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Place for general submarine conversation

Postby 108-1048007364 » Tue May 27, 2003 9:31 am


this site has all hte NAVPER manuals for the fleet sub scanned in. navper 16160 thru 16169. it has everything that is in those books. you cna down load all the illistrations or the whole book. this is invaluable for those interested in fleet boats......Lester

Postby raalst » Tue May 27, 2003 4:28 pm

Nice !

I like the detail photos !

this should be in our links, I think


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Postby 108-1054181080 » Thu May 29, 2003 12:17 am

These manuals show the surface shaft power to the screws as 5400shp , yet several reputable authors refer to a figure of 4160 shp , this despite the fact the propulsion machinery
remains " as -built "
Would appreciate any comment about the surface power of the USN Fleet Submarine and its GUPPY mod's that retained the same machinery.

Postby Desert Boat » Thu May 29, 2003 2:45 am

I always wondered why people ask questions like this ... does it really matter what "several reputable authors" wrote later?
Regardless of the answer, the boats did their assigned tasks and did them well. Don't worry about unanswerable things like this on a model submarine board. I want to puke when I see threads start on SMML with questions like "Would the Yamato outrun the Missouri in a 60-mile speed dash?" I'm sorry, I just tire of hypothetical (is that spelled right?) stuff. ???
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Postby 108-1054181080 » Fri May 30, 2003 12:30 am

Well its bit like collecting train numbers .Non-violent .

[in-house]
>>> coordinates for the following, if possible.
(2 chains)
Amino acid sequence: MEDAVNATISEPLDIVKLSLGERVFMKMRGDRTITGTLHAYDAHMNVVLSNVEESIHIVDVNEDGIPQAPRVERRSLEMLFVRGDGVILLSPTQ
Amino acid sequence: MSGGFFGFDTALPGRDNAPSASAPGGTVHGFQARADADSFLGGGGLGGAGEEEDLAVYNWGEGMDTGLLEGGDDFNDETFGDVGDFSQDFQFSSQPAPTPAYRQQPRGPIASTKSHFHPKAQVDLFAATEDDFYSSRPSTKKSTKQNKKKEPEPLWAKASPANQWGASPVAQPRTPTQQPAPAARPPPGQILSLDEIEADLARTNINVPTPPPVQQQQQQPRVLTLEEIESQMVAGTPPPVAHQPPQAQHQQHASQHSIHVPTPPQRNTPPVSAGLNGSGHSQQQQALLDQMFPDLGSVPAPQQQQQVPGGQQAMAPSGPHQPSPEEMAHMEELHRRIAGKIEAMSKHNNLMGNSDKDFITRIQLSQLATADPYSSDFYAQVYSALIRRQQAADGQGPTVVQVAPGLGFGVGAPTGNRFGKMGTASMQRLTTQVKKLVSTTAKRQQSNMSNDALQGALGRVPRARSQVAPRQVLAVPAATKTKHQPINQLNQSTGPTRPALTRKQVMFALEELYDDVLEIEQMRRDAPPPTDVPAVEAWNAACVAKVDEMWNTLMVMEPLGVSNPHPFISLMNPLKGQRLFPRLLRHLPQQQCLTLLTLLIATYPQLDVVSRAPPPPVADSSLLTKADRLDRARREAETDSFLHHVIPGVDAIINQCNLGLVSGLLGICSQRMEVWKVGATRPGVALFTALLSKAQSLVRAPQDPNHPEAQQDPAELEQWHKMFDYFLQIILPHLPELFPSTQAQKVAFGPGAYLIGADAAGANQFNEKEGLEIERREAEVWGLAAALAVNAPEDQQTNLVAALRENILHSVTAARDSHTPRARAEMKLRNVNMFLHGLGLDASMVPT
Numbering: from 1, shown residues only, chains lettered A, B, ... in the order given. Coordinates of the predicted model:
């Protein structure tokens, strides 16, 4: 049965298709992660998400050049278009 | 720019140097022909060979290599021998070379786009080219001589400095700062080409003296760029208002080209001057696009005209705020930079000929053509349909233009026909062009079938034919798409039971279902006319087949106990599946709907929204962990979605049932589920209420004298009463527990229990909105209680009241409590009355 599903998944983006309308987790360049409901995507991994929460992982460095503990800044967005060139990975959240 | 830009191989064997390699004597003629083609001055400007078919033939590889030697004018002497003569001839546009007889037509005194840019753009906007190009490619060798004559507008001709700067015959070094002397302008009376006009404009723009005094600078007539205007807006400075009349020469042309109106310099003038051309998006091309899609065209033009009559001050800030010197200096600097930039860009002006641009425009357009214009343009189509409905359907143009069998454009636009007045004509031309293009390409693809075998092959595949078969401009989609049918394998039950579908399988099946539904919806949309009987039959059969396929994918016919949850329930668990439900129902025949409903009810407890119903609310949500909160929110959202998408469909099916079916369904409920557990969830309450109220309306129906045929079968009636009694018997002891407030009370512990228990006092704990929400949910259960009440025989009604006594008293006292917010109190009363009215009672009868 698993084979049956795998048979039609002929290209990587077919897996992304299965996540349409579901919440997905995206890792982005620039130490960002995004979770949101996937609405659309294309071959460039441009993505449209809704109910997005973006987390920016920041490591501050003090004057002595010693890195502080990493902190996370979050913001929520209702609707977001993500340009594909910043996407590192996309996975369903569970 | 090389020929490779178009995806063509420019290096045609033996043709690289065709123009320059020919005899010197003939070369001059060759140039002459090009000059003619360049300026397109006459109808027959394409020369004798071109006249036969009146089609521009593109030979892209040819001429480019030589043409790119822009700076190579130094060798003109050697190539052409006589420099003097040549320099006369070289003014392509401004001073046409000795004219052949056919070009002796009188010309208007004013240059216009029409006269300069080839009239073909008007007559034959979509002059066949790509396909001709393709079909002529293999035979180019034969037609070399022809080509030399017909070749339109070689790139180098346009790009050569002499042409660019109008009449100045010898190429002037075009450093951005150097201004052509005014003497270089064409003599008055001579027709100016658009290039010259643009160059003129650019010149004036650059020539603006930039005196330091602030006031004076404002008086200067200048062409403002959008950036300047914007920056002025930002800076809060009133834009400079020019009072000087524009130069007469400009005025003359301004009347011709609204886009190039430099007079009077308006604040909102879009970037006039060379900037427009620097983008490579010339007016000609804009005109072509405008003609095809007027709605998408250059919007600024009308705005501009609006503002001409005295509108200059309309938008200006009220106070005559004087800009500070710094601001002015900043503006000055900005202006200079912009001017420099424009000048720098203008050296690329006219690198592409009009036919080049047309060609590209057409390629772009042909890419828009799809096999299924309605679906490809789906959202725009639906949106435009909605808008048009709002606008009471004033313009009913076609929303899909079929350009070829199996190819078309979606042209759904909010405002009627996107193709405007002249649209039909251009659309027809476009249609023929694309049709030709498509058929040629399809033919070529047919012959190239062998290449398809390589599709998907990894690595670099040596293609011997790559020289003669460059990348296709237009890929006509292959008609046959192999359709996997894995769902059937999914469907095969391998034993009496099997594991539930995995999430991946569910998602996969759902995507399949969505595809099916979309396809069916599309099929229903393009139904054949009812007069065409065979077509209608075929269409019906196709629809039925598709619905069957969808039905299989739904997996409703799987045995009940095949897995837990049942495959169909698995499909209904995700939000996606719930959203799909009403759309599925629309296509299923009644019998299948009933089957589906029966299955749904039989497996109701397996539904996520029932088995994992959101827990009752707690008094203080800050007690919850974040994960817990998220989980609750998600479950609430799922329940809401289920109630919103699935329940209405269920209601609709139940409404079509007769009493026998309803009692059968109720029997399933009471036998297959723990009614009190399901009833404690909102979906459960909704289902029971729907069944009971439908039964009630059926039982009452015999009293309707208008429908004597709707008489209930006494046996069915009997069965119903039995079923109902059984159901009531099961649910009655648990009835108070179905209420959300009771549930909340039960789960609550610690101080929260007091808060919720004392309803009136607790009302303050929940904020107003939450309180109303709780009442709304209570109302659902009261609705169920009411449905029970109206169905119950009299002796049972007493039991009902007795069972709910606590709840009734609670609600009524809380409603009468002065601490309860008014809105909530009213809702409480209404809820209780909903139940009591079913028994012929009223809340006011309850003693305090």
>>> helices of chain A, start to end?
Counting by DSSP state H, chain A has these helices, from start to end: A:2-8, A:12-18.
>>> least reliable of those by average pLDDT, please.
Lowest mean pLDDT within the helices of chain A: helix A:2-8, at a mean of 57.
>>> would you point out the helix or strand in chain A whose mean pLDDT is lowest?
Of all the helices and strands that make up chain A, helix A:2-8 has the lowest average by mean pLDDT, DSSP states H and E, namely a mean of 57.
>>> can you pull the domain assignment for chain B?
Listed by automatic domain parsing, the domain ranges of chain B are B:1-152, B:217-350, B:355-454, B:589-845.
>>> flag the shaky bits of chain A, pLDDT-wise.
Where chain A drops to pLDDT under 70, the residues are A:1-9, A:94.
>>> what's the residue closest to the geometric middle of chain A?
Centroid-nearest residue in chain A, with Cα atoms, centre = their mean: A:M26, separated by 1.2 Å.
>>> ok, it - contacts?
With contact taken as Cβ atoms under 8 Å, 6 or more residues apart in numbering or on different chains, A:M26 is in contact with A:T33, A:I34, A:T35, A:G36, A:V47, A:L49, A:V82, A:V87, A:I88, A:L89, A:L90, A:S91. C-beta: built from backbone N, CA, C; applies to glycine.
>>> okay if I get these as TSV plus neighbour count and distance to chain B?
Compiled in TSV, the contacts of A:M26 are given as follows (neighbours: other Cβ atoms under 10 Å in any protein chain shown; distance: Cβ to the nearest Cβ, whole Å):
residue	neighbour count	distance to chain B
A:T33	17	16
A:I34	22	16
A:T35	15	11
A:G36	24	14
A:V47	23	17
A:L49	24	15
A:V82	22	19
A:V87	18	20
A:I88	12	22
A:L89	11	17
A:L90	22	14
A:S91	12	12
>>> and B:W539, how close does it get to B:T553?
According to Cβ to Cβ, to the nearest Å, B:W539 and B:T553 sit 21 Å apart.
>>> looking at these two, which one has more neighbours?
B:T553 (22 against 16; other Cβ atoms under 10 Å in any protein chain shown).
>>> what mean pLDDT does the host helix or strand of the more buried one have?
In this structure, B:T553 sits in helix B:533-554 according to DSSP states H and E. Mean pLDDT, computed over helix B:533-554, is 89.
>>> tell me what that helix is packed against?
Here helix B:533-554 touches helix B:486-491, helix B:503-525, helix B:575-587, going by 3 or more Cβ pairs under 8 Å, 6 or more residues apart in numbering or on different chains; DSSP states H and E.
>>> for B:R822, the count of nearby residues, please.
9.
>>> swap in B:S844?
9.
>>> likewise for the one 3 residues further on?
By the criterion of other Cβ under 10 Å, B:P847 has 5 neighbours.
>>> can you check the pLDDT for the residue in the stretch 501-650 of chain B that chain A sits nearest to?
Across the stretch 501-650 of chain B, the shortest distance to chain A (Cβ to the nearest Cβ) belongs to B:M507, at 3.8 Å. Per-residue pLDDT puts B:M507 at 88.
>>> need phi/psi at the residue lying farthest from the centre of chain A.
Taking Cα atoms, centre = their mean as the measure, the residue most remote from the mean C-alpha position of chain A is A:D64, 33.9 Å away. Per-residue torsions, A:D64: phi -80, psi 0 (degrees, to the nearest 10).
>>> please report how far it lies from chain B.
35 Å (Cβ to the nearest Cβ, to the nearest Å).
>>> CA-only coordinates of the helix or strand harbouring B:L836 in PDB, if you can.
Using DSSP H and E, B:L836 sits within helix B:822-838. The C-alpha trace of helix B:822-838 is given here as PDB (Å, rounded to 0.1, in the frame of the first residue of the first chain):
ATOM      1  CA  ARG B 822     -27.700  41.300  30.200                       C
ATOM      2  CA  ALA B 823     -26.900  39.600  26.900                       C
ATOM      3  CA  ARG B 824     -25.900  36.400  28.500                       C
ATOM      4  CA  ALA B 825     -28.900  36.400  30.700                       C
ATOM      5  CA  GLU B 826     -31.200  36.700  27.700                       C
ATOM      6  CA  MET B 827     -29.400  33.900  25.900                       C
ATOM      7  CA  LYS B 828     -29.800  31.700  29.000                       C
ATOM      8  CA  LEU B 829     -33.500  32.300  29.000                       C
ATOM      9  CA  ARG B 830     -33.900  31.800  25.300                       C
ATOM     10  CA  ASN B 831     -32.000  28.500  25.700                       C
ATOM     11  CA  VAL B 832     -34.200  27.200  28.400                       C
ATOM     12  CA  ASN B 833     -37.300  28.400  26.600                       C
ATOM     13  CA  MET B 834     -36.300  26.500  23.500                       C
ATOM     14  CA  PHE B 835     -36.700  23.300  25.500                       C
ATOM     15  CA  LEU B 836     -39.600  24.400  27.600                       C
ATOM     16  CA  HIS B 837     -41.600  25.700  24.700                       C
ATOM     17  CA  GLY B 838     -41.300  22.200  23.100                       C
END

But actually I was advised to try this forum because there are people who know a lot about submarine history as well a making models .No need to be so bloody rude about it . I shall go back to the ex-submariners site where they are robust but generally civil, perhaps due our common background.

And for the record it is a significant question if one is interested in the design development of real submarines .

Postby JWLaRue » Fri May 30, 2003 9:55 am

re: ..."does it really matter what "several reputable authors" wrote later?"

Well, I for one do care. There is nothing wrong with looking for better, more accurate information. Let's face it authors make mistakes, allow their own bias to slant their work, and are just as prone to error as any of us.

The best example of this that I know of is the perennial question that asks: "How close did the German U-boats come to winning the Battle of the Atlantic?" Until recently, authors were uniformly stating the same opinion......but no longer, thanks to a more recent and closer look at the Battle.

In some cases (like the SHP question) it may make little difference other than to the person asking the question, but his question is still valid.

I was just asked last night about the thickness of the steel used on a Gato vs. a Balao....does it really matter in today's world? Probably not, but there is nothing wrong with looking for the right answer.

If you happen to be someone who doesn't care about this, then don't let it bother you. We'll still ask (and answer) those questions! :)

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